For Zellweger, accent is on authenticity
Renee Zellweger is howling with laughter. The ‘Cold Mountain’ actress says it’s “hilarious” that her performance in the film as feisty, tough Ruby is being compared to ‘The Beverly Hillbillies’ Granny Clampett.
“Never in my life did I think I would be compared to Granny,” the actress says. “That’s fantastic. I’m flattered.”
(USA Today and The New York Times are among publications that have referred to the 1960s sitcom about mountain folk who strike it rich.)
But Zellweger, whose character comes to the Cold Mountain farm to help a hapless Nicole Kidman survive during the Civil War, also is being singled out for stealing the movie, and Oscar buzz is beginning.
Richard Corliss writes in Time magazine: “As for the Best Supporting Actress Oscar, voting is now officially closed; Zellweger should take it by acclamation.”
She already is up for a Golden Globe. The day her nomination was announced, she was in Phuket, Thailand, filming a scene for the upcoming ‘Bridget Jones’ sequel.
“I went back to my 1972 rock-star bus that they hired for a dressing room, and I got a message to call my manager right away. I was a little bit panicked because it was 5 am his time, and I thought something was really, really wrong.”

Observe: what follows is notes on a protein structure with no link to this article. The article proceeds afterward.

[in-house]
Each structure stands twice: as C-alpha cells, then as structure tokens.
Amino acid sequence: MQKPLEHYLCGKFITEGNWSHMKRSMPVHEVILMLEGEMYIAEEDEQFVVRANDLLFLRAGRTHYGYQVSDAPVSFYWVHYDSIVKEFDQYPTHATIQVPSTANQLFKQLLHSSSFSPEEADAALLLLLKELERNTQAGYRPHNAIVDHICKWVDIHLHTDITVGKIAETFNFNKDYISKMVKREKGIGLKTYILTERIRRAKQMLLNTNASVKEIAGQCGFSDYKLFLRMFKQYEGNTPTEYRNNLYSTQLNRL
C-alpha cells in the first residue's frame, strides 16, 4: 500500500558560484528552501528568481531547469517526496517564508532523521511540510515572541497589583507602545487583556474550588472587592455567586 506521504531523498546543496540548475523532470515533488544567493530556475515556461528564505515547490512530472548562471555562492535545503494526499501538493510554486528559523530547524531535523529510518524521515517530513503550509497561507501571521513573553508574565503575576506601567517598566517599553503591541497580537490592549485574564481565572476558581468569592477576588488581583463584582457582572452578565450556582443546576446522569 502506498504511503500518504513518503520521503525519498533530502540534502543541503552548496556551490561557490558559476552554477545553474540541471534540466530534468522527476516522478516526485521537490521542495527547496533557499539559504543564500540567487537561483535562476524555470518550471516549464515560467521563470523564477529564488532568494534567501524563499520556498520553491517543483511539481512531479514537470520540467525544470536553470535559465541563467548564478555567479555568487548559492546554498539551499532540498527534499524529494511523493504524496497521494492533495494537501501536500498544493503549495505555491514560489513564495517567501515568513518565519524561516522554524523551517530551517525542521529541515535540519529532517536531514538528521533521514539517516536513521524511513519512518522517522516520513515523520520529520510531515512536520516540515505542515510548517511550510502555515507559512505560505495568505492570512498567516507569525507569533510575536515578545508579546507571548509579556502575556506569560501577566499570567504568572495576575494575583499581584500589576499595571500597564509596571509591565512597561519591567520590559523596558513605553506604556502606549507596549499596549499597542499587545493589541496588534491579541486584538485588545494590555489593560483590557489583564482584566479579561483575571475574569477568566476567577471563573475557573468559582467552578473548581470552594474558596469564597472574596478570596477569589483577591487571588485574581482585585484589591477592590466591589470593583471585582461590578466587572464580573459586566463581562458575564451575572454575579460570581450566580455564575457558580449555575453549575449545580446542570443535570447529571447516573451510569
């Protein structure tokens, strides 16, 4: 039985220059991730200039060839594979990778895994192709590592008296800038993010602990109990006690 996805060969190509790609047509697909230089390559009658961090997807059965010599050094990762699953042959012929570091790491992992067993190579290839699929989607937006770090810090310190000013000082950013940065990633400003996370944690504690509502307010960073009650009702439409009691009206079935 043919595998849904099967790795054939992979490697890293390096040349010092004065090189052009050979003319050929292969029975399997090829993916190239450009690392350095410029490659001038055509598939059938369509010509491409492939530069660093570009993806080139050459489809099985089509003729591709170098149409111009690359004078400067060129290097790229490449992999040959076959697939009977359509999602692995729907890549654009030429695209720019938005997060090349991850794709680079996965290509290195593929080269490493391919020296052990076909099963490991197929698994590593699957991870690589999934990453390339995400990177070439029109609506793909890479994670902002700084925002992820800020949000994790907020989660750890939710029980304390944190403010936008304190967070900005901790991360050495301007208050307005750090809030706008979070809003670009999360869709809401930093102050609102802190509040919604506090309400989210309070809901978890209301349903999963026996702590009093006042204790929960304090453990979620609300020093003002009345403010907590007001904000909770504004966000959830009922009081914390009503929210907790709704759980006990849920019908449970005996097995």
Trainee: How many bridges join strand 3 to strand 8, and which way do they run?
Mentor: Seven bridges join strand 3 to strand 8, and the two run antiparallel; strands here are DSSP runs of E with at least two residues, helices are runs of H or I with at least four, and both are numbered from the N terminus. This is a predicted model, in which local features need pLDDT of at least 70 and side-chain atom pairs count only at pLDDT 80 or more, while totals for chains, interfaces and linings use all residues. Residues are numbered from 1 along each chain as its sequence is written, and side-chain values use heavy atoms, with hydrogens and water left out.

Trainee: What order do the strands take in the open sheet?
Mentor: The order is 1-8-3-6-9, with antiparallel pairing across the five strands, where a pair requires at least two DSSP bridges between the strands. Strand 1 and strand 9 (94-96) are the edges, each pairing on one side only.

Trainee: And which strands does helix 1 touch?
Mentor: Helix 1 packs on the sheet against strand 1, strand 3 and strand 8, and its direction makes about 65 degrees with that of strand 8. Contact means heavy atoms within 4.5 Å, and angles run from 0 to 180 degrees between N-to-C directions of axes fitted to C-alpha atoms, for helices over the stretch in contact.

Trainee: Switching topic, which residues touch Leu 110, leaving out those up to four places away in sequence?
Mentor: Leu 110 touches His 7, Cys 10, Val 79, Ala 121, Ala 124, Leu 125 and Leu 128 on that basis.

When he congratulated her, she was “completely discombobulated. It was a really nice surprise. It has really snuck up on me. I’ve been in Bridget Jones’ world.”
Back in New York for ‘Cold Mountain’ publicity, Zellweger says, “It was nice to come home and hear that people are responding to the film.” The movie has brought in a solid $19.1 million at the box office since opening Christmas Day.
Though much is being made of Zellweger, 34, being the only Southerner in the movie, she actually is from Texas and had to work to create an accent for her North Carolina character.
“It’s really specific. It’s regionally different from the Southwest twang that I carry around.”
Filming in Romania helped make it all the more authentic. “Usually you drive to work and you’re thinking about your character, but you’re driving past shopping centers and billboards. And so when you’re doing a period piece, you really have to clear your mind. But we were actually living it. You’d see herders on the side of the road, carts being pulled by people in traditional dress.”
Her secret to getting through it: Starbucks coffee. “I went in an addict. I had to pack a few pounds of beans.” Each morning it was her ritual to “go into my little cabin kitchen and boil the milk and make lattes” for her driver and her assistant.
She doesn’t say whether she also made them for Jack White, her character’s love interest as well as the frontman for the rock group White Stripes, who made his acting debut in the film.
She says she’s not sure how she’ll ring in the new year. “I’m going to improvise.” She does know that she’s due back on the set of ‘Bridget Jones: The Edge of Reason’. There’s still six weeks of filming to go.
And as for the rest of 2004? “My plate’s kind of full. I’ll be happy for what’s on it.”